Why it’s important to share meals with your coworkers.

Do you remember what you ate, when you were replying to emails at your desk, racing against the clock on the Wednesday before Thanksgiving? Probably not. Wouldn’t it be great to recall that warm grain salad, the one bejeweled with pomegranate seeds? Or to have been able to share in success, and savory bites, with your colleague? There is a deep sense of mindfulness and camaraderie when cracking a code is accompanied by breaking bread.   

There are many times and places when eating alone is a necessity, and even delightful. However, eating with other people is basic to our nature as social beings, it’s primal. 

At Deborah Miller Catering & Events, we pride ourselves in creating memorable culinary moments for our guests. Not only moments of umami-wonder, but also moments of conversation and connection. These moments can happen at intimate weddings, joyous mitzvahs, and milestone birthdays. They can also happen in the workplace. We’ve delivered corporate catering for almost 30 years and are steadfast in the belief that eating with your colleagues is a powerful tool that positively impacts workplace culture and wellbeing. Eating as a team is something we do at Deborah Miller Catering & Events, and it’s something we encourage other people to do as well.

In recent years, hybrid workplaces have gained popularity, allowing employees a new degree of flexibility in their week. While this had been generally positive for many people and companies, it has also limited the time that coworkers can connect with each other. Connecting with your teammates, especially over a meal, has many advantages. 

Let’s get into the data. 

Cultivating Personal Connections

Teams that share meals often develop stronger personal connections and affinity towards each other, translating into more fruitful collaboration. These relationships extend beyond the workplace, creating a foundation for effective teamwork in and out of the office. 

Boosting Productivity through Breaks

Taking breaks, especially communal ones, has been shown to enhance productivity. Stepping away from screens fosters a healthier focus on both oneself and on interpersonal connections; when employees return to their desks after dining breaks, they typically have newfound energy and inspiration. 

Enhanced Cooperation and New Ventures

Eating together encourages a higher level of cooperation among team members. Shared experiences of dining together and striking up informal conversations creates a bond – and sometimes new ideas – that can positively influence workplace dynamics.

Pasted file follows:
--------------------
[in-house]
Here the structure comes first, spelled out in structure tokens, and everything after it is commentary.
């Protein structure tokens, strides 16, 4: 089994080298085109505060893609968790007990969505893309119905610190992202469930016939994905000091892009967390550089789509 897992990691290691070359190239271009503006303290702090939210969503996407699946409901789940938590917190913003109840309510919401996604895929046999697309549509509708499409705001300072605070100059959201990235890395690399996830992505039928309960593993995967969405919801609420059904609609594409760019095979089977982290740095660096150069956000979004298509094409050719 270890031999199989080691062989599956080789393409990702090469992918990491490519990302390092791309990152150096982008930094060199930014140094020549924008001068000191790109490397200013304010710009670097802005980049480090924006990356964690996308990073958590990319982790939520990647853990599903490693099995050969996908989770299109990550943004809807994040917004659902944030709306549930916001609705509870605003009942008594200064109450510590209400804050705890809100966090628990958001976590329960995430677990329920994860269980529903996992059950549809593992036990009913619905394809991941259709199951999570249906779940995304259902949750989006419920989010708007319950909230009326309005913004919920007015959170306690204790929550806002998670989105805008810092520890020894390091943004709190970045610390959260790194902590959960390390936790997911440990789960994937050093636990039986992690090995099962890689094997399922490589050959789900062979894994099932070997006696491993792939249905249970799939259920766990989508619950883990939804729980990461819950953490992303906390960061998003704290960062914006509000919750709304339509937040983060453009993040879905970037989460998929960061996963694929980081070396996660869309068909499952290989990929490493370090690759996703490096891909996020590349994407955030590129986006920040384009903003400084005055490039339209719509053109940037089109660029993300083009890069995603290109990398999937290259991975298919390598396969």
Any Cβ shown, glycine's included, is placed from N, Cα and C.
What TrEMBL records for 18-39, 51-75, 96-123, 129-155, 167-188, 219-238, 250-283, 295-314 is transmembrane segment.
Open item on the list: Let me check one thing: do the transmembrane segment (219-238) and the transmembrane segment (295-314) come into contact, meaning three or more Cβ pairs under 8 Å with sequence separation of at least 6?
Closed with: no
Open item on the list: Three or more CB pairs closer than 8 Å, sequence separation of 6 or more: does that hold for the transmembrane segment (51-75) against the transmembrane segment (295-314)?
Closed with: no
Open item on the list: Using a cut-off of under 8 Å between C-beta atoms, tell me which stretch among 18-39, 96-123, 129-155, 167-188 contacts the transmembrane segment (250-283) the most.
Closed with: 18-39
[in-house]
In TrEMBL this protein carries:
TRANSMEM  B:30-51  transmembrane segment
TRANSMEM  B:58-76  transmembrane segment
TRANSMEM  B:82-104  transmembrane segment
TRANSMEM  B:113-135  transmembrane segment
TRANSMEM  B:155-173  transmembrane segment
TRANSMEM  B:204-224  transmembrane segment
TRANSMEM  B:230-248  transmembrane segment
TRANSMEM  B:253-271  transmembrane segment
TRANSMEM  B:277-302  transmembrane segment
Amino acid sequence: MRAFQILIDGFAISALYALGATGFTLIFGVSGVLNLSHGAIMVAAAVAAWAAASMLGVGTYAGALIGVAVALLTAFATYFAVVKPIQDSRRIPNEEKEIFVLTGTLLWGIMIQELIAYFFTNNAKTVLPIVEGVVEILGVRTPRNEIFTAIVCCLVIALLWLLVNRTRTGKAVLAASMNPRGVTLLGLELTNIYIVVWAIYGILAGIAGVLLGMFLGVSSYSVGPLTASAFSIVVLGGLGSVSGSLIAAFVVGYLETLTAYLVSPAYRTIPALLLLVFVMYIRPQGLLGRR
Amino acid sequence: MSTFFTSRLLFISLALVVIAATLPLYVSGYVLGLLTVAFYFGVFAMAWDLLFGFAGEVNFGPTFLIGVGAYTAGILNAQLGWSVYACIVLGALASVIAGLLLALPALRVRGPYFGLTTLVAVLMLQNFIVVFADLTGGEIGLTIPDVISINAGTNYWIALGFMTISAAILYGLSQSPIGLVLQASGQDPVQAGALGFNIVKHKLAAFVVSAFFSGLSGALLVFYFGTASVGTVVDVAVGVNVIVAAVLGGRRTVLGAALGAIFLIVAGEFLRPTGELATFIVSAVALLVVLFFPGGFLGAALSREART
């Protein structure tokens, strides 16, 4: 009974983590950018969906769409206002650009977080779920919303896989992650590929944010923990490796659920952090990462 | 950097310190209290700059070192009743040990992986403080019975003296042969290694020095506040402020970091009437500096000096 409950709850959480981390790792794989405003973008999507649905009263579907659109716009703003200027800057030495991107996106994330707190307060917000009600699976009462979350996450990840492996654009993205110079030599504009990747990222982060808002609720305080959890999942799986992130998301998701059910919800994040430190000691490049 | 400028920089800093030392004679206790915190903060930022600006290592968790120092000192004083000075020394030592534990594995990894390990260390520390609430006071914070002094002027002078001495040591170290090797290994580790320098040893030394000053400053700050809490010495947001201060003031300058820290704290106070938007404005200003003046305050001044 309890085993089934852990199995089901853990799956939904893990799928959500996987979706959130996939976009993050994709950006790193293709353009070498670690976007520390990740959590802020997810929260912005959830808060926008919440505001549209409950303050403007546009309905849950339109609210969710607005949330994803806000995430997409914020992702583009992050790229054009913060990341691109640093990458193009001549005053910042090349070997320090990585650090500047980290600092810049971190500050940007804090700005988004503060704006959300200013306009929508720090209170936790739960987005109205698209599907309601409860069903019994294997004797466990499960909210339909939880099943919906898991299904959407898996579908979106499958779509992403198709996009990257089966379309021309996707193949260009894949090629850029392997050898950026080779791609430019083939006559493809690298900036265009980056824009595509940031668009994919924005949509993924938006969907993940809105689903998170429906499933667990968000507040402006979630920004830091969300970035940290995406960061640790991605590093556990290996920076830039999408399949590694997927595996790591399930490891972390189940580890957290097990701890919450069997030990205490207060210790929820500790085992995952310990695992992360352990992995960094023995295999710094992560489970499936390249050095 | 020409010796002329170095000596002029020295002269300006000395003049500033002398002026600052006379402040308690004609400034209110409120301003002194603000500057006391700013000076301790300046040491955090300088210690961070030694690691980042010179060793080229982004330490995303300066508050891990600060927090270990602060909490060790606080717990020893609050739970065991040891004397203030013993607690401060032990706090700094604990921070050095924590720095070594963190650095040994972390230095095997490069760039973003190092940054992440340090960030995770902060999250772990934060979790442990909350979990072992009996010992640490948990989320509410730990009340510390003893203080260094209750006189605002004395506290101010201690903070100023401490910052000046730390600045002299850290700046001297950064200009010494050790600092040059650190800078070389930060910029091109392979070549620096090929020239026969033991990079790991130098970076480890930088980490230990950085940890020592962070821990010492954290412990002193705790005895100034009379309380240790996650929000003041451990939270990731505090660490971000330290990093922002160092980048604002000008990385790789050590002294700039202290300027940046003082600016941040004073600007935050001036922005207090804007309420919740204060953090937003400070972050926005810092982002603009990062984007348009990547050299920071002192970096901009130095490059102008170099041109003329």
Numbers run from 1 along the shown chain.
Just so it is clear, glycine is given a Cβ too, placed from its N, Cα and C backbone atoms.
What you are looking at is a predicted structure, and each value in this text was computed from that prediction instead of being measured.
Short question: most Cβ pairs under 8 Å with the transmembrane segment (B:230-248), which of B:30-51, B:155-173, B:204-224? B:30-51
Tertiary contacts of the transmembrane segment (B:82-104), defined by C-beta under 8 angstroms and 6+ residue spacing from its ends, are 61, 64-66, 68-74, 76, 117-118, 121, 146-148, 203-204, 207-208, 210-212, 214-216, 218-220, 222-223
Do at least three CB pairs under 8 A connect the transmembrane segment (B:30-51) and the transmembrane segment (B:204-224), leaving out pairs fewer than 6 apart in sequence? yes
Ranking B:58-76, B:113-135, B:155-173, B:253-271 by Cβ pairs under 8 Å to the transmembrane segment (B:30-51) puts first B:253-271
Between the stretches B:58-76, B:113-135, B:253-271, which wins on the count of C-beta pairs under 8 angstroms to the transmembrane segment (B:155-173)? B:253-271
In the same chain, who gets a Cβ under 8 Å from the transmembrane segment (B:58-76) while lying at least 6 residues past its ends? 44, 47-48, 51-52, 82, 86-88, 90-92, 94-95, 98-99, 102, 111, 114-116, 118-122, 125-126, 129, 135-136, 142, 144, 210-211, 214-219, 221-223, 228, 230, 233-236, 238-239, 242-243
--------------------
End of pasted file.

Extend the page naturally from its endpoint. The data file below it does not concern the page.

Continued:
Reduced Stress and Improved Mental Health 

Communal dining has been linked to lower stress levels; promoting a heart-healthy environment that encourages people to slow down and mindfully eat and engage with one another is nourishing for their bodies and their minds, ultimately leading to less stressed, happier employees.  

Bonus: Attracting Talent with Dining Culture

Offering meals as part of workplace culture can be a hiring perk. Potential employees are drawn to environments that prioritize not only professional development but also a supportive and connected community.

In a post-pandemic world, where remote work has become more prevalent, these moments of connection are vital for team bonding and workplace culture.

So, let’s embrace the timeless tradition of breaking bread together, recognizing its potential to enhance not only our work lives but also our overall sense of fulfillment and camaraderie.

Let’s eat!

References

Conway, Casey. “Lunch Is Served! Workplace Meals Improve Productivity .” Business News Daily , 24 Oct. 2023, https://www.businessnewsdaily.com/8638-employees-eat-together.html. Accessed 21 Dec. 2023.

Gaskell, Adi. “Why Teams Should Eat Together If They Want To Bond.” Forbes , 17 Jan. 2023, https://www.forbes.com/sites/adigaskell/2023/01/17/how-eating-together-can-form-bonds-within-a-team/?sh=1948a49a7d09. Accessed 21 Dec. 2023.

Schneider, Han. “Solo Decks Lunches Your Norm? A New Survey Shows 91% of People Who Eat With Others Feel Less Alone .” Well + Good, 28 Oct. 2022, https://www.wellandgood.com/eating-with-others/. Accessed 20 Dec. 2023.

White, Lawrence T. “Breaking Bread Together Leads Negotiators to Better Outcomes .” Psychology Today, 2020, https://www.psychologytoday.com/us/blog/culture-conscious/202012/breaking-bread-together-leads-negotiators-better-outcomes. Accessed 2023.

Photography: Lumecri Studio